As our world becomes increasingly global and we have to compete with a wider number of emerging economies innovation becomes more essential to the survival of your business. But part of the challenge of innovating within a business is that you need to have a workforce that can realise and implement these changes. So not only do you need the innovative idea in the first place you also need to know how to implement it and who will do it.
But innovation is not always popular within businesses. You might be one of the many executives who views the uncertainty associated with implementing an innovation as a disruptive force. Innovation comes from individuals and corporations provide the environment to encourage or stifle innovators. Mavericks fire the imagination but tend not to be good at fitting in to typical hierarchies – and they are often seen as threats to the established masters of politics. So how do you see them? Do you encourage innovation and those mavericks among your staff? Are you for revolution or against it?
Large organisations tend to focus internally on protecting their assets without realising that these assets could be at threat from radical external and evolving business models that are capable of quickly destroying this value. Emerging markets create a steady stream of challenges and opportunities and you as a business leader should base your plans on a hypothetical view of the future, you should gather facts, and create a strong sense of urgency within your organisation to deal with and take on all possibilities. You need to provide leadership that will support and enable local teams to deliver what is needed.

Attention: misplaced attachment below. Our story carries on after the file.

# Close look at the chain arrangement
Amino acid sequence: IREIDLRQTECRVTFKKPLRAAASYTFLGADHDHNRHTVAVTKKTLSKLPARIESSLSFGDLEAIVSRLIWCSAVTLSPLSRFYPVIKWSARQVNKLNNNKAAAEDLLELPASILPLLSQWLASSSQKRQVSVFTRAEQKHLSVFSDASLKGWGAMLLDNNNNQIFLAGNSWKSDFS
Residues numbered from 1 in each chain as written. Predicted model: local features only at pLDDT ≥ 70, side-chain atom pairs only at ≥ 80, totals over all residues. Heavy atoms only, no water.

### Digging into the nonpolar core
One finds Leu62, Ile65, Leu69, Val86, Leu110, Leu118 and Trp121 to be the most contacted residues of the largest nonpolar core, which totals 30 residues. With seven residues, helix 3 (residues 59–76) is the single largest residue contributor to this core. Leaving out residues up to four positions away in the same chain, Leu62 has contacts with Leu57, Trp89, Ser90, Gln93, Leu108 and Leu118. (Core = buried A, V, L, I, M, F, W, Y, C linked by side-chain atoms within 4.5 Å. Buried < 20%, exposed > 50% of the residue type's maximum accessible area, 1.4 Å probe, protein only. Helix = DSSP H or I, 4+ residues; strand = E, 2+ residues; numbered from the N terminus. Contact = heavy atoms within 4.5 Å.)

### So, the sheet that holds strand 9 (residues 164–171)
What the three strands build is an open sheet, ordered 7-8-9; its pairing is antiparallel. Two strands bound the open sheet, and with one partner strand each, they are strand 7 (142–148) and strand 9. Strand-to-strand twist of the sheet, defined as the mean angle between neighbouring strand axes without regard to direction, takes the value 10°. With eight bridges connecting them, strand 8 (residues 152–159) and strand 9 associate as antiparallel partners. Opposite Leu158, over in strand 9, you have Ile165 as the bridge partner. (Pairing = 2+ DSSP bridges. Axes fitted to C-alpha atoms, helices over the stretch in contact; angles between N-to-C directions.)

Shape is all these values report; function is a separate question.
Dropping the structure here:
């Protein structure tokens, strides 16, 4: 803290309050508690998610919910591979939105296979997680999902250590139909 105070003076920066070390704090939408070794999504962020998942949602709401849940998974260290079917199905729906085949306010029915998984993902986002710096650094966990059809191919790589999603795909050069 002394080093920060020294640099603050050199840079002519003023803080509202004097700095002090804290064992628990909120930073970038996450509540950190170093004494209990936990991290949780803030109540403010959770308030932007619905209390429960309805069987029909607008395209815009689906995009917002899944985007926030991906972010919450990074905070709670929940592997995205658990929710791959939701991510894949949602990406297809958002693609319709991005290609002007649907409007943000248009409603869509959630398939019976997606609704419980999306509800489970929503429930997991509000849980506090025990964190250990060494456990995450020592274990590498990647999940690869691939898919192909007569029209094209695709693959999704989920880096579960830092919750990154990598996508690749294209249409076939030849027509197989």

In order to support innovation and meet oncoming challenges you need to accept uncertainty as the norm and to focus on strengthening your agility and resources in periods of stability, so that when an opportunity arises you can mobilise resources to create significant value in a short period of time. The key is updating the picture as it unfolds.
Look at Lenovo – they launched their 486 PC with a 30% price reduction which was only possible through the culmination of actions taken over a decade. But taking advantage of a cumulative series of actions is hard to emulate, but doing this creates the luxury to choose the timing of deployment of your innovation when it hurts most, and at a time when competition will not be able to respond.
Cumulative operations improvements create the luxury of choice. Continual waves of innovation cannot be copied and give you a distinctive advantage, and being at the centre of the toughest markets helps mitigate the risks of predicting what the future will look like. So if you want to lead the way listen to that crazy idea, encourage those mavericks and be open to embracing change and new thinking.